• David Condon's Giant TCR Advanced - From the front, this is a deadly-sharp rig.
  • Erik Sven's Storck Aero 2 - This is what $10,000+ buys you.
  • Erik Sven's Storck Aero 2 - Storck's integrated front end is fairly clean and adjustable.
  • Erik Sven's Storck Aero 2 - Zipp Firecrests are saturating the tri world, and for good reason.
  • Erik Sven's Storck Aero 2 - Cable management could use a little work, especially with an aero brake like the Omega.
  • Erik Sven's Storck Aero 2 - The rear brake is a beautiful piece of minimalism built right into the seat stays.
  • Erik Sven's Storck Aero 2 - This rear end could be improved by moving the flat kit to a frame-mounted aero bottle and tucking the bottle cage right against the saddle.
  • Kenny Steil's Quintana Roo CD 0.1 - I'm a fan of stealth paint jobes, and this one certainly qualifies. Steil will be in Blue for next year, and riding an Omega brake to boot!
  • Kenny Steil's Quintana Roo CD 0.1 - Kenny rode an Adamo TT saddle.
  • Kenny Steil's Quintana Roo CD 0.1 - SRAM RED Black completes the stealth look.
  • Kenny Steil's Quintana Roo CD 0.1 - Steil rides Osymmetric rings.
  • Kenny Steil's Quintana Roo CD 0.1 - An aero bottle below will hold a flat kit, and the standard cage holds course bottles.  Perfect.
  • Kenny Steil's Quintana Roo CD 0.1 - TorHans gets the BTA duties, and also holds Steil's computer.
  • Kenny Steil's Quintana Roo CD 0.1 - I definitely like Steil's trick of using skateboard grip tape on the shifters. I do the same thing on my Di2 shifter pods.
  • Kenny Steil's Quintana Roo CD 0.1 - Here's the pointy view of the rig.
  • Marie Protat's LOOK 596 - The 596 is getting long in the tooth, but it still gets the job done.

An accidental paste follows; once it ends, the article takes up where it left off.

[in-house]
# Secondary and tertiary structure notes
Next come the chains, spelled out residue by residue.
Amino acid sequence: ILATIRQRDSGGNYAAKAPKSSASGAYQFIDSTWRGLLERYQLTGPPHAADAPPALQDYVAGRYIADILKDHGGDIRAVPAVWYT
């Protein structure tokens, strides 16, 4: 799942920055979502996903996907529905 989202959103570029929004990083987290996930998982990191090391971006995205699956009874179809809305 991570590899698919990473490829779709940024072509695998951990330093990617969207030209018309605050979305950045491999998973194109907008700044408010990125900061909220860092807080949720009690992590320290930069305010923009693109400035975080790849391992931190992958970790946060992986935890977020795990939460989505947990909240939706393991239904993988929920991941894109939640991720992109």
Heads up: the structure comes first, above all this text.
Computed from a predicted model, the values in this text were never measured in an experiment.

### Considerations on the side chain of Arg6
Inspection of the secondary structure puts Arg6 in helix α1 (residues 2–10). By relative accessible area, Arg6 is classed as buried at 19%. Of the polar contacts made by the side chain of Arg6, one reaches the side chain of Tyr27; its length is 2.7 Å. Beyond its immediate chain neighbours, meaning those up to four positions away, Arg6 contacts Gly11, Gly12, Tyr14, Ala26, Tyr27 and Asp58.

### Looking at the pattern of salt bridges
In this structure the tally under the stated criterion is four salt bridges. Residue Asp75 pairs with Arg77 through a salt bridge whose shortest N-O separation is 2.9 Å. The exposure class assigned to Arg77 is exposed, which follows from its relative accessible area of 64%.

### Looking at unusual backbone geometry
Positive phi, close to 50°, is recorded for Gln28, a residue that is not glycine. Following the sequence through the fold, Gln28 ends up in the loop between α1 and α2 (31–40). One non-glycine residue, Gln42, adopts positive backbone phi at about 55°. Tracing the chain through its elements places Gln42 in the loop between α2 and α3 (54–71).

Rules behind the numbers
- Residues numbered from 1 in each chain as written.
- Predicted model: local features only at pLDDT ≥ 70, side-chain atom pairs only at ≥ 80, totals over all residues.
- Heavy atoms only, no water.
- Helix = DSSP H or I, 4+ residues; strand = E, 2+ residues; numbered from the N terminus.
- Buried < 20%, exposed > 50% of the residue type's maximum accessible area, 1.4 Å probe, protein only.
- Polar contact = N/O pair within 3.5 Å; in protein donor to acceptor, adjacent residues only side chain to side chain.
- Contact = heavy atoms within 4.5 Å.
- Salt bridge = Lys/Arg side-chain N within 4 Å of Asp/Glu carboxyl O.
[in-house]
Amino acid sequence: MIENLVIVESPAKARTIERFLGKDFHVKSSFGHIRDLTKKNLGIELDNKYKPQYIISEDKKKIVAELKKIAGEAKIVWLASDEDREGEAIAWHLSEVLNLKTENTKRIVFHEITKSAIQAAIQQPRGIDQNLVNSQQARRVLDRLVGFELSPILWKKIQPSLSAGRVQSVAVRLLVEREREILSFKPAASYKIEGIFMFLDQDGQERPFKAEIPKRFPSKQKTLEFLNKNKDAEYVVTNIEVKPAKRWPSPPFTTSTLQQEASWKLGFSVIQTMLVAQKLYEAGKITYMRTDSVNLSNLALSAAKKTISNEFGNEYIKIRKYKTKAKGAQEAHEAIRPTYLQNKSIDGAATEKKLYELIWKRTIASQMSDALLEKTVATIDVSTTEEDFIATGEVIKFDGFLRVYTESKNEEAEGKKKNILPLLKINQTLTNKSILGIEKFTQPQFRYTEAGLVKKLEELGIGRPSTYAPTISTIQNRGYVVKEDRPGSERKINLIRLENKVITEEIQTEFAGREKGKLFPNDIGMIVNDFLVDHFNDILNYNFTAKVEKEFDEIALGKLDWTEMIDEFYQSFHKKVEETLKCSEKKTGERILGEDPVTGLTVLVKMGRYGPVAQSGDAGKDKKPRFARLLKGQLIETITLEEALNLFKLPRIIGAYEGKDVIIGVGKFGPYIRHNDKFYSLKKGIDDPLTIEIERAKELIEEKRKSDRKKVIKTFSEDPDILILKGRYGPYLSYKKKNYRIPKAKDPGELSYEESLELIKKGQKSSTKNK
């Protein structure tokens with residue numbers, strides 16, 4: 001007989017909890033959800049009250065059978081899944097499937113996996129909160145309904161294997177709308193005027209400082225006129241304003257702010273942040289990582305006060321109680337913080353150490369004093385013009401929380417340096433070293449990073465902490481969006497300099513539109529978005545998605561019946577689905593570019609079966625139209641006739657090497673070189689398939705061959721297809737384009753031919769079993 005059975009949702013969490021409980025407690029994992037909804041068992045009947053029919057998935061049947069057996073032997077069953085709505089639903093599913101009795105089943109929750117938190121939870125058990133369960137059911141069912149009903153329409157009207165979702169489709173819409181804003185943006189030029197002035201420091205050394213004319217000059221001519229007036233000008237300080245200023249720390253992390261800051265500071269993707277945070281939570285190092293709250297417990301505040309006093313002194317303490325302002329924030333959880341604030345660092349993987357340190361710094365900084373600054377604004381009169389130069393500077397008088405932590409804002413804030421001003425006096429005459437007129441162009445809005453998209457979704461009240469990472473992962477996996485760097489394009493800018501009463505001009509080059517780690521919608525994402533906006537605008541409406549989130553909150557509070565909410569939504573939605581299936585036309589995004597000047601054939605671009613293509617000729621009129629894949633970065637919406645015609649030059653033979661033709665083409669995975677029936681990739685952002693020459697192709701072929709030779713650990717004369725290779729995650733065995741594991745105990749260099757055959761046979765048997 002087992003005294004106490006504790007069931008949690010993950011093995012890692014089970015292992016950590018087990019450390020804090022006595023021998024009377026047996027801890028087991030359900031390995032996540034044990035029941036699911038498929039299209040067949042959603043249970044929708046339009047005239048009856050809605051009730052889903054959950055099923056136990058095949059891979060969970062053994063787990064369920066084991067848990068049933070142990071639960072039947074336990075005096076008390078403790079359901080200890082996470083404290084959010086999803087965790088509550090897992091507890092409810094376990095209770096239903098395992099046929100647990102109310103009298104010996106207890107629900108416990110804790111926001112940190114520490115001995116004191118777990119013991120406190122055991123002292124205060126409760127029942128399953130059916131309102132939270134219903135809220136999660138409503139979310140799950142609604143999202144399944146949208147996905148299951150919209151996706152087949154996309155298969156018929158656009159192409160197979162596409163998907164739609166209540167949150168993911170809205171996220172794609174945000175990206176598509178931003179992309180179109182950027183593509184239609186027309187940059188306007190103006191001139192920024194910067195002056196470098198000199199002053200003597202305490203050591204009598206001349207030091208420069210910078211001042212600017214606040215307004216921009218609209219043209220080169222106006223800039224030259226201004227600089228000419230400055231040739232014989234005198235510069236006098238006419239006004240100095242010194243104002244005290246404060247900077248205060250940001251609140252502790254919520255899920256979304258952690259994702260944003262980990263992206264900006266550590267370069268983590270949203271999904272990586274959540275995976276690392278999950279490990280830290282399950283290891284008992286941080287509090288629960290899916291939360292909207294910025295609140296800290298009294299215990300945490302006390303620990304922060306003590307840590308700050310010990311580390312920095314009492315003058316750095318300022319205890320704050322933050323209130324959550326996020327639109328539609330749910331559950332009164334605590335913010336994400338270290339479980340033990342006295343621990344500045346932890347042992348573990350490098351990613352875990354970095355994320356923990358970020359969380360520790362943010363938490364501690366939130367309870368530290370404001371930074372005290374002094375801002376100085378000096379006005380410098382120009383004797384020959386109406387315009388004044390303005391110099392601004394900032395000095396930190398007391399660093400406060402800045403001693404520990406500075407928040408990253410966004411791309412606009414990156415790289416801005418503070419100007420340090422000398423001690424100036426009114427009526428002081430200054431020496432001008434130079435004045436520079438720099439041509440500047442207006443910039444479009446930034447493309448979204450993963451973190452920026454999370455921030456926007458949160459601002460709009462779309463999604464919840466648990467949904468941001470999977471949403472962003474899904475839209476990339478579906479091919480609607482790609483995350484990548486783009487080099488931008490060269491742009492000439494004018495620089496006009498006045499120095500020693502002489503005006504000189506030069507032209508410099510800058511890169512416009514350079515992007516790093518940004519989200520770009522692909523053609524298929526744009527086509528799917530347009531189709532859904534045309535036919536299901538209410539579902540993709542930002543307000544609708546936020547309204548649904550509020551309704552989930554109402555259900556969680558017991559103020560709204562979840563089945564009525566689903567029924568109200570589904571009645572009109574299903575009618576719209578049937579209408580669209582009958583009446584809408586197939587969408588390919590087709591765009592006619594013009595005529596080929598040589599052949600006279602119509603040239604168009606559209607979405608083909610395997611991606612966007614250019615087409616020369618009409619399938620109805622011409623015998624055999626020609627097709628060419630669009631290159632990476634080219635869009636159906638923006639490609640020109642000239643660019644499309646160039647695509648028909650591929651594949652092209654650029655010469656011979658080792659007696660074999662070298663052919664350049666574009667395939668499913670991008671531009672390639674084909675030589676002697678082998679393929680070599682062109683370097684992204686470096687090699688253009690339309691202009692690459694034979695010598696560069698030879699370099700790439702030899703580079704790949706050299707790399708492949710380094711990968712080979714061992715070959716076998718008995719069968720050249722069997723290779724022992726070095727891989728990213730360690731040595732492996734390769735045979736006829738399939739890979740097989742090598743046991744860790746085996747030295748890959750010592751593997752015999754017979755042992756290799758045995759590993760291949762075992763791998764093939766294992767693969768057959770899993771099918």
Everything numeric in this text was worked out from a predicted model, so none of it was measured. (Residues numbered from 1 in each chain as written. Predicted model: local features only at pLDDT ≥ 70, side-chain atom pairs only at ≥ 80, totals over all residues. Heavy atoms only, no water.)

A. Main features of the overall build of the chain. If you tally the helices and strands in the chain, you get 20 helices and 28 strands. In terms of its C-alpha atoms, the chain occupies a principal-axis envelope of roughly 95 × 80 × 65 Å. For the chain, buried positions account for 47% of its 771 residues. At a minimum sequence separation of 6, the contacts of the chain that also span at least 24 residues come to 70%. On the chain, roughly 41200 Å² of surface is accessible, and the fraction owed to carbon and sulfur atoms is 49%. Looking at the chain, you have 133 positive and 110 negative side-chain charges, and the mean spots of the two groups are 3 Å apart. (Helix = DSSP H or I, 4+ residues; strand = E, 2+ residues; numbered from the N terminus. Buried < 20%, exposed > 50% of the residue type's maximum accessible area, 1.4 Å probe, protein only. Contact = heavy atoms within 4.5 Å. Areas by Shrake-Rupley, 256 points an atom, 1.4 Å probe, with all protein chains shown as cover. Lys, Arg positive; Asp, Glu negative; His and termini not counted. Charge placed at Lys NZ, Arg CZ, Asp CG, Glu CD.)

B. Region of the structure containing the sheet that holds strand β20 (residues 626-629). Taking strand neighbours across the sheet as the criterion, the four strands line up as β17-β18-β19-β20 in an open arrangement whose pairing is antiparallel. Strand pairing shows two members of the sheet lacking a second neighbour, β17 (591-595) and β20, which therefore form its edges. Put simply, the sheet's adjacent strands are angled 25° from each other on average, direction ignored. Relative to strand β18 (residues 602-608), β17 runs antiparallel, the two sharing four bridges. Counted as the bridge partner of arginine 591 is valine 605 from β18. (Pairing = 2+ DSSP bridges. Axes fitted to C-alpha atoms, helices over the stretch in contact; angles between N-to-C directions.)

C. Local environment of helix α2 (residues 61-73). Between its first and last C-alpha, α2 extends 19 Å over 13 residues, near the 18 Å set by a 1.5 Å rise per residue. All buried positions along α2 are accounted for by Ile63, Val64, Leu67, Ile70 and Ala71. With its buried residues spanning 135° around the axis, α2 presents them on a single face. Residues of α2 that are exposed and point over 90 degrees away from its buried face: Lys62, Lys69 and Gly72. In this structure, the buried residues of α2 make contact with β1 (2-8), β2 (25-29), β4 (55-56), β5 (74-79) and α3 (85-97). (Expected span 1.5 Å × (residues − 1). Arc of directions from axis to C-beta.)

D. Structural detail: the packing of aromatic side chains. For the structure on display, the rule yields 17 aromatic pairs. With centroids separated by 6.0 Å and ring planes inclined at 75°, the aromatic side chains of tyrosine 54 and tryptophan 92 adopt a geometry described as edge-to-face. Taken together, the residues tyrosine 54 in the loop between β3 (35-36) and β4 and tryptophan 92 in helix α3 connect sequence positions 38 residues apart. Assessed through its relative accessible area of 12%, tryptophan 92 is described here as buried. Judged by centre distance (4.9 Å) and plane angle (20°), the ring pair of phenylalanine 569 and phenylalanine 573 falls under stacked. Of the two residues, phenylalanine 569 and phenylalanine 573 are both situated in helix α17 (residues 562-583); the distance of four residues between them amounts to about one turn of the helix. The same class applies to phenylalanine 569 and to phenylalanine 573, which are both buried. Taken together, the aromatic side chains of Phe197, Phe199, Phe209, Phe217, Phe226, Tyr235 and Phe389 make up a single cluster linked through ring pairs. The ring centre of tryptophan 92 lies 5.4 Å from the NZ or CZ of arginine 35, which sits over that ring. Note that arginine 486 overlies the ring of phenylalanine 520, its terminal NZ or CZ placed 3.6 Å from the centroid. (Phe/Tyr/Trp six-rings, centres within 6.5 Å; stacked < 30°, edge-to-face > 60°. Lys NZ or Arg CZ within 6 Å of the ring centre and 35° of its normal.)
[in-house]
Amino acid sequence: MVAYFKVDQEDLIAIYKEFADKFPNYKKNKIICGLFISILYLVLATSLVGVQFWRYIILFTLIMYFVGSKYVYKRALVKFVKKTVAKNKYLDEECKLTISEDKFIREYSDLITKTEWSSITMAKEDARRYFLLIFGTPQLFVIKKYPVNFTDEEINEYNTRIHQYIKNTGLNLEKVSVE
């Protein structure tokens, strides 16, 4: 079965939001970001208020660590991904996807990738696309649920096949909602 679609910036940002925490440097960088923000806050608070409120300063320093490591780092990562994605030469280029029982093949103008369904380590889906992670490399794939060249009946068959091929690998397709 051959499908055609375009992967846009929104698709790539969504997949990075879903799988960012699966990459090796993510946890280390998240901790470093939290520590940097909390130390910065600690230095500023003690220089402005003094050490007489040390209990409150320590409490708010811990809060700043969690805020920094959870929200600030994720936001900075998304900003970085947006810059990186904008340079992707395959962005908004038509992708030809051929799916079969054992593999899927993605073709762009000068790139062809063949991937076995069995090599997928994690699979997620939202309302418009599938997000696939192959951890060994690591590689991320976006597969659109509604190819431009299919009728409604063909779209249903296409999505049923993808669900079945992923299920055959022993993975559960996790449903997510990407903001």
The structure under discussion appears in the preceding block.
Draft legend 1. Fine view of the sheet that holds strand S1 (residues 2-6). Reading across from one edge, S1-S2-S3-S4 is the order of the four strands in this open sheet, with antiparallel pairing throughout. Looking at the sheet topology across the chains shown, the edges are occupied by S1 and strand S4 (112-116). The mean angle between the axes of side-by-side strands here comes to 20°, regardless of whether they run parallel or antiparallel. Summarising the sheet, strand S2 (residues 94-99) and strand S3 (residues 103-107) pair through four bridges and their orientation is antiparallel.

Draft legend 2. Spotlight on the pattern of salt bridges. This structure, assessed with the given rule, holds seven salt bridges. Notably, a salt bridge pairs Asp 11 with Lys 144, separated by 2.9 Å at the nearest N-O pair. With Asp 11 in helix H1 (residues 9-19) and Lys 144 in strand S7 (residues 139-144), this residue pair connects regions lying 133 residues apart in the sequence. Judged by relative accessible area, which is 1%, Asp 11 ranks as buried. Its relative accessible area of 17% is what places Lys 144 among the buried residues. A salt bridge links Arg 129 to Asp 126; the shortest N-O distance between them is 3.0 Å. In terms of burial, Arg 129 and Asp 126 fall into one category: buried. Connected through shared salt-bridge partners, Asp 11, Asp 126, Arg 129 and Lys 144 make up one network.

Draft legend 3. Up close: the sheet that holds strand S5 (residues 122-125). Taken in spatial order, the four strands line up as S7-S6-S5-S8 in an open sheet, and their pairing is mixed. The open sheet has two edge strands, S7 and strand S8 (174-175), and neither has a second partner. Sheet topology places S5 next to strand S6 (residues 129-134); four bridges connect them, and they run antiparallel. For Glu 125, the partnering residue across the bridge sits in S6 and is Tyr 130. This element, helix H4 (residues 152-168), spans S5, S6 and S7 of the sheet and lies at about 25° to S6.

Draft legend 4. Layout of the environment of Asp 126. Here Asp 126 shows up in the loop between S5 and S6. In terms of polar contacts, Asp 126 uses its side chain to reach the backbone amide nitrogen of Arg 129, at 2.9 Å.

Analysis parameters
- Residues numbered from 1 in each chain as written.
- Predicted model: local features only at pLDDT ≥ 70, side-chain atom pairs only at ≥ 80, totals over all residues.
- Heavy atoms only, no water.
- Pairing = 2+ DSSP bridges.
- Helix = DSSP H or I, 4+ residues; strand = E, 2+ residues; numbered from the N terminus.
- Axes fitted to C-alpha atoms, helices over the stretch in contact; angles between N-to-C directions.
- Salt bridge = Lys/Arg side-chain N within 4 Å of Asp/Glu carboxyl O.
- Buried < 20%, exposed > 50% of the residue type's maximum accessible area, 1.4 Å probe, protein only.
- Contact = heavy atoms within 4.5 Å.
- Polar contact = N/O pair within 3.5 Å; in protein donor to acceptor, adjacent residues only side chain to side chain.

• Marie Protat's LOOK 596 - These cables are an absolute mess. This calls for an Omega brake!
  • Marie Protat's LOOK 596 - LOOK's Zed crank is one of the coolest things the company has ever made - it weighs next to nothing, accepts compact or standard rings, but only works with LOOK's proprietary bottom brackets.
  • Marie Protat's LOOK 596 - Now that saddle has seen some miles.
  • Marie Protat's LOOK 596 - Flat repair is left up to a single shot of Vittoria Pittstop.
  • Marie Protat's LOOK 596 - Microshift components probably work fine, but I'd much prefer a system with an R2C type lever, if not Di2.
  • Steve Kukta's Cervelo P2C - Easily the most well-loved bike on the course, this P2C has been decorated tip to tail.
  • Steve Kukta's Cervelo P2C - The entire rig is Big Island themed.
  • Steve Kukta's Cervelo P2C - The names on the bike are cancer victims known to the rider and his family.  He rides in their memory.
  • Steve Kukta's Cervelo P2C - Accessories were taped on this bike everywhere. It wasn't the cleanest look, but it's what the rider likes.
  • Steve Kukta's Cervelo P2C - No real estate went unused.
  • Steve Kukta's Cervelo P2C - As you can see, there are cables and bits jutting out everywhere, but who am I to criticize such a devoted person?
  • Steve Kukta's Cervelo P2C - Obviously a machine that's been ridden quite a bit.